From One Student to Another

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By Ida Ynner Lagerqvist

Sports & Photo Editor

Welcome to a new semester as a college student. Maybe you just started your first year, or entered your last. Maybe you are somewhere in between. Regardless of who you are and what year you just started, there are some things I want to tell you.

I could list fundamental actions that can lead to academic success, like attending classes, study the syllabus, get to the classroom prepared and take notes, but I won’t. Your professors and academic advisors will have that covered. I want to give you something else, something they might forget to tell you. So again, there are some things I want you to know.

(Linnea Jonsson)

Number 1: College focuses a lot on performance, but remember, your academic achievements don’t define who you are, or what you are worth. Not understanding the lecture, doesn’t make you dumb. Not getting straight A’s doesn’t make you a failure. Don’t be too hard on yourself. People who really care about you won’t judge you based on performance.

Number 2: Don’t compare yourself to others. Everyone has different starting points and different goals. As long as you do everything you are capable of and feel good about where you are going, things will be fine. Number 3: Don’t be afraid to ask for help. To admit that you need support is not a sign of weakness, rather a sign of strength. There are plenty of resources on campus like the writing center, tutoring and counseling at the Center for Healthy Living. The Center for Healthy Living is located in Post Hall and open Monday-Friday between 9 a.m.-5 p.m. and the Writing Center is located in Humanities Hall, Room 223.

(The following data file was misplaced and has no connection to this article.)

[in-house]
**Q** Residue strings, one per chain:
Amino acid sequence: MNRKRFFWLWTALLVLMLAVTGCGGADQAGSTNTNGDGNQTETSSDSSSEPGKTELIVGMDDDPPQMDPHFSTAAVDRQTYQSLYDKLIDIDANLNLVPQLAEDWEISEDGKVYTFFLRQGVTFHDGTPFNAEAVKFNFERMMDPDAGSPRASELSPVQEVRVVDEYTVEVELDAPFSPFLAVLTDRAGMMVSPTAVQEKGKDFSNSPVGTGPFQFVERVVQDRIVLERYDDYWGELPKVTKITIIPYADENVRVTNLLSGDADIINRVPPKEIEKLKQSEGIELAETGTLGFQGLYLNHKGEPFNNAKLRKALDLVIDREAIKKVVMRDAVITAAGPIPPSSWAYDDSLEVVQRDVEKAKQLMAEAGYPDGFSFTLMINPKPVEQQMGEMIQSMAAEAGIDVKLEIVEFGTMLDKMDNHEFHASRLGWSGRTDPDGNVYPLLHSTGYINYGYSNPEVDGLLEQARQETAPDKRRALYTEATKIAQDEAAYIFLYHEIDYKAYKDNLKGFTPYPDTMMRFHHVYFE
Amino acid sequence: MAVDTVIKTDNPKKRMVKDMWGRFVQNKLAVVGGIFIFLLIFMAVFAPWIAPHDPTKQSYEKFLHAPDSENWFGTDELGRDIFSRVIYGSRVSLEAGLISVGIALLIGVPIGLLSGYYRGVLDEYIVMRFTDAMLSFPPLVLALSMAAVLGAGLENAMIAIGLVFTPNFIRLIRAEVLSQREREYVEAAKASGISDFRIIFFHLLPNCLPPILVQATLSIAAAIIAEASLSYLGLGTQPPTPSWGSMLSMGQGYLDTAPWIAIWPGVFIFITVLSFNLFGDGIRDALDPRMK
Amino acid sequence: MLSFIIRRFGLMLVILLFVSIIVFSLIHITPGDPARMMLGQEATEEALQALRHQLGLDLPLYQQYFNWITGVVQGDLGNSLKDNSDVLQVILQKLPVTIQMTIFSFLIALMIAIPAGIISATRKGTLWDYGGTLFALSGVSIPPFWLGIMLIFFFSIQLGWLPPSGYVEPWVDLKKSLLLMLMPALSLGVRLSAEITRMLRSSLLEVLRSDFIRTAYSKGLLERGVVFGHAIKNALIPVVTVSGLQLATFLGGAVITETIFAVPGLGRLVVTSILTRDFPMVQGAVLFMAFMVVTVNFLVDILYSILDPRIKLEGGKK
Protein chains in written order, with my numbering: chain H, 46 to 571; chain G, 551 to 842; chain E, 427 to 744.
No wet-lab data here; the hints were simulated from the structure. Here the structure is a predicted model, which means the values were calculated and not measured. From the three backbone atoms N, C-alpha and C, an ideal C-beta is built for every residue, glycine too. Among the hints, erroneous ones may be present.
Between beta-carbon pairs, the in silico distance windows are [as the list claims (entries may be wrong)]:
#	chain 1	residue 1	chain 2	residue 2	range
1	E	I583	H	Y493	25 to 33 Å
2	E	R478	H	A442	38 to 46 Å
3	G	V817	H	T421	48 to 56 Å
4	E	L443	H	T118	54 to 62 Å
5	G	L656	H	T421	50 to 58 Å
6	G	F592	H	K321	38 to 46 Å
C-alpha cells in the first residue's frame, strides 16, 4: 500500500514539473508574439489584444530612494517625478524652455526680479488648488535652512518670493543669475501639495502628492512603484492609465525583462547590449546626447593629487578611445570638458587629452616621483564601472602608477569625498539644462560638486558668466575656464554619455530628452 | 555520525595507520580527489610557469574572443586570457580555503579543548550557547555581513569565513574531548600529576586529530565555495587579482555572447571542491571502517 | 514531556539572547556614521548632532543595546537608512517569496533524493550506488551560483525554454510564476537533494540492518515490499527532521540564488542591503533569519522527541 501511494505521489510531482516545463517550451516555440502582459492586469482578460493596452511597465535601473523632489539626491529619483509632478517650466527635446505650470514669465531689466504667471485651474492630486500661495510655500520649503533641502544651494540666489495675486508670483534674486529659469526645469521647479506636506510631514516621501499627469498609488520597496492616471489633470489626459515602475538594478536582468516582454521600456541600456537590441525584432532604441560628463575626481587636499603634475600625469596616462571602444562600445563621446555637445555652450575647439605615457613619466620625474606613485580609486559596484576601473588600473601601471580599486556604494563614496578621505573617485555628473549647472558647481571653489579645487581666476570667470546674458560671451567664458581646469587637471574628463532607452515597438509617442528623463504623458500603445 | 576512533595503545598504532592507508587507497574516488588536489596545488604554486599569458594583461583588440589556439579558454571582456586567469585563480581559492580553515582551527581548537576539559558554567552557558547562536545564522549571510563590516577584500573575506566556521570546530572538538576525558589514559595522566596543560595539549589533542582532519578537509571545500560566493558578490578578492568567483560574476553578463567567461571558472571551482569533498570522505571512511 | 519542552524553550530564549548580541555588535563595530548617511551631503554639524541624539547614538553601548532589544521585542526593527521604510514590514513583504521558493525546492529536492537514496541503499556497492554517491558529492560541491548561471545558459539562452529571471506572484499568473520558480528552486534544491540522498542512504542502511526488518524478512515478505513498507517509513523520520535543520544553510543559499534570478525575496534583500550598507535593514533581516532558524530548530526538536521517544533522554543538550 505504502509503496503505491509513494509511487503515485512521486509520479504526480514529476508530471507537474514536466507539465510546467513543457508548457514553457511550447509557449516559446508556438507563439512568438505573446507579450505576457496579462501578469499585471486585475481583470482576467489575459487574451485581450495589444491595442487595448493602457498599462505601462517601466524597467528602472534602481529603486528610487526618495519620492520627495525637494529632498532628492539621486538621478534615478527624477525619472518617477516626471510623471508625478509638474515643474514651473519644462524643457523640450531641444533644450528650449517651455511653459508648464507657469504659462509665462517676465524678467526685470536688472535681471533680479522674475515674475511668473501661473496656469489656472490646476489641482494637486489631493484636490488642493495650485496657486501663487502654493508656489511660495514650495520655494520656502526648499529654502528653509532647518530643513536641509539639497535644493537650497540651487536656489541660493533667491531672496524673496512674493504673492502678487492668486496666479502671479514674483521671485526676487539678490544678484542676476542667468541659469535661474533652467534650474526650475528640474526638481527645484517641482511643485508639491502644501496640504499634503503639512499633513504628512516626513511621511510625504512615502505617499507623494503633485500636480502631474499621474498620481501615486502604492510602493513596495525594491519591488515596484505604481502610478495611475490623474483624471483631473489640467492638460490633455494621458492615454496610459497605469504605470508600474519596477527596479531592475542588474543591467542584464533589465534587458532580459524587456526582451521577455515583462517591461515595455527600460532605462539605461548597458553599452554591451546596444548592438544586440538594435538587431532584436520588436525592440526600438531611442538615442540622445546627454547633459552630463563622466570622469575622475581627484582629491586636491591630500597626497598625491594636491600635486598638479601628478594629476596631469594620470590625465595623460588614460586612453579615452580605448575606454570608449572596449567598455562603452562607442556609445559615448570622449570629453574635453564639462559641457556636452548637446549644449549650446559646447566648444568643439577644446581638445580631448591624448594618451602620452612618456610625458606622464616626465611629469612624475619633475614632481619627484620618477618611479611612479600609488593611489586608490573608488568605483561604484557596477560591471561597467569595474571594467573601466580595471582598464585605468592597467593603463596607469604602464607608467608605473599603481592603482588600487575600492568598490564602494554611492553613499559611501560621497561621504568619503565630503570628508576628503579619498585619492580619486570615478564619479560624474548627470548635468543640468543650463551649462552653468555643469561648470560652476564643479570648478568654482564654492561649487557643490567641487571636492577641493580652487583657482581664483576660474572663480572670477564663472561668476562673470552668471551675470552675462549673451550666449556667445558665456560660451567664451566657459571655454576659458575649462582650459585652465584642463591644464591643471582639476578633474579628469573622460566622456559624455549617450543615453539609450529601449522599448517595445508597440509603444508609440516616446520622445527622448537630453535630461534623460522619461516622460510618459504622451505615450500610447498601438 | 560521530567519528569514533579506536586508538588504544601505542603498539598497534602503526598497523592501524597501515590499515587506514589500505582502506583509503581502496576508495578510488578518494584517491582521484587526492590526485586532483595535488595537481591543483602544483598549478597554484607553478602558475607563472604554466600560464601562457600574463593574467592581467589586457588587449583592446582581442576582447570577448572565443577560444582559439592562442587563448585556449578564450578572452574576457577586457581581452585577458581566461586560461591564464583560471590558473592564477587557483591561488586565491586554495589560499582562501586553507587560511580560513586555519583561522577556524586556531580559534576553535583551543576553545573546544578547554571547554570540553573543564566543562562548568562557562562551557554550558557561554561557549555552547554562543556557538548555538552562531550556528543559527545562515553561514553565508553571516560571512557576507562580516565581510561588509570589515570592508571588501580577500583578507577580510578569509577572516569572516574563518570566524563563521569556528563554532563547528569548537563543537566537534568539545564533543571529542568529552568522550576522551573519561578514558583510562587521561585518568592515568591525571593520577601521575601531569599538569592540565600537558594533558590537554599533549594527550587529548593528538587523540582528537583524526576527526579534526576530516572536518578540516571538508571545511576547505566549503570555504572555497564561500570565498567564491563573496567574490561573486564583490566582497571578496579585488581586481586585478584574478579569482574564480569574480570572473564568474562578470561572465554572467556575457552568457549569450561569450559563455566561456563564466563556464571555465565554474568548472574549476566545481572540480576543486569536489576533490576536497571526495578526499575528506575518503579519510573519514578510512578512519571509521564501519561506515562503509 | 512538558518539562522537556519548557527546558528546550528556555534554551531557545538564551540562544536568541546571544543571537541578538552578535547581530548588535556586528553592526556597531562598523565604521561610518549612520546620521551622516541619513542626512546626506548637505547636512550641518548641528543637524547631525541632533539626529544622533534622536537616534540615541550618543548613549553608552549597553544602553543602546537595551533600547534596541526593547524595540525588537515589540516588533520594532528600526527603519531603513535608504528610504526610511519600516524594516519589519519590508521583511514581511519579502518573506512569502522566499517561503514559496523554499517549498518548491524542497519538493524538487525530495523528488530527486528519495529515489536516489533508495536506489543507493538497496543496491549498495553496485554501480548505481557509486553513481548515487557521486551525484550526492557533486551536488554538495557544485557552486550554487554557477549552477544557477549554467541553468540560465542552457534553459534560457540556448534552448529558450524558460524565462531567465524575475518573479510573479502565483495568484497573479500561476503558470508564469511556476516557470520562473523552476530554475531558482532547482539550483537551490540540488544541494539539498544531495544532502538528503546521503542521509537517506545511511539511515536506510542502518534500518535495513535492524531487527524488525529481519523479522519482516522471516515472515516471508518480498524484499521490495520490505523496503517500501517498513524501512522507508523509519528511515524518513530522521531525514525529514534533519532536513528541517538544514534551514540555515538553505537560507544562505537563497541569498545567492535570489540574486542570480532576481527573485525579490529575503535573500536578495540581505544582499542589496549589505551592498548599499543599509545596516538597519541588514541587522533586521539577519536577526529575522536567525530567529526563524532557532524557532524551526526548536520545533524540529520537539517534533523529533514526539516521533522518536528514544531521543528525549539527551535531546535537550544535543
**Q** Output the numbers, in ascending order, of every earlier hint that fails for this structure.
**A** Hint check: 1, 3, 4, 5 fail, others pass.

Number 4: Focus on the things you can control and put the other things aside. For a very long time, and I still struggle sometimes, I was obsessed with pleasing people around me. I could sit for hours with homework assignments because I thought, if they weren’t perfect, my professors would be disappointed in me. I thought I had the power to control and read people’s thoughts and feelings. I couldn’t. Every time you feel stressed or worried about something, ask yourself the question: “Can I do something about this?” or “Can I control this?” If the answer is yes, take action. If the answer is no, let it go.

Number 5: Don’t be afraid to be alone sometimes. In a world where you can be connected with others at all times, it can be valuable to spend some time alone to get to know yourself; to be able to know what you want, what you need and what you feel. Quality time with yourself is valuable for your own growth.

Number 6: Stress, worry and fear of not being or doing enough are just thoughts born inside your own head. Anxious thoughts will always appear, but don’t forget that they are just thoughts, a harmless fluffy cloud that won’t be real unless you react to them. If you manage to let the thoughts just pass, they will stay as harmless fluffy clouds.

Finally, from one student to another, remember to be nice to yourself. Take school seriously to create a good foundation for your future, but don’t forget to take care of yourself along the way. We are only human. Listen to your body and mind. Eat, sleep and spend time with people who make you happy. Create time in your schedule to do things that energize you. Lastly, don’t be too hard on yourself. Practice thinking about yourself in a positive way. Be your best friend.

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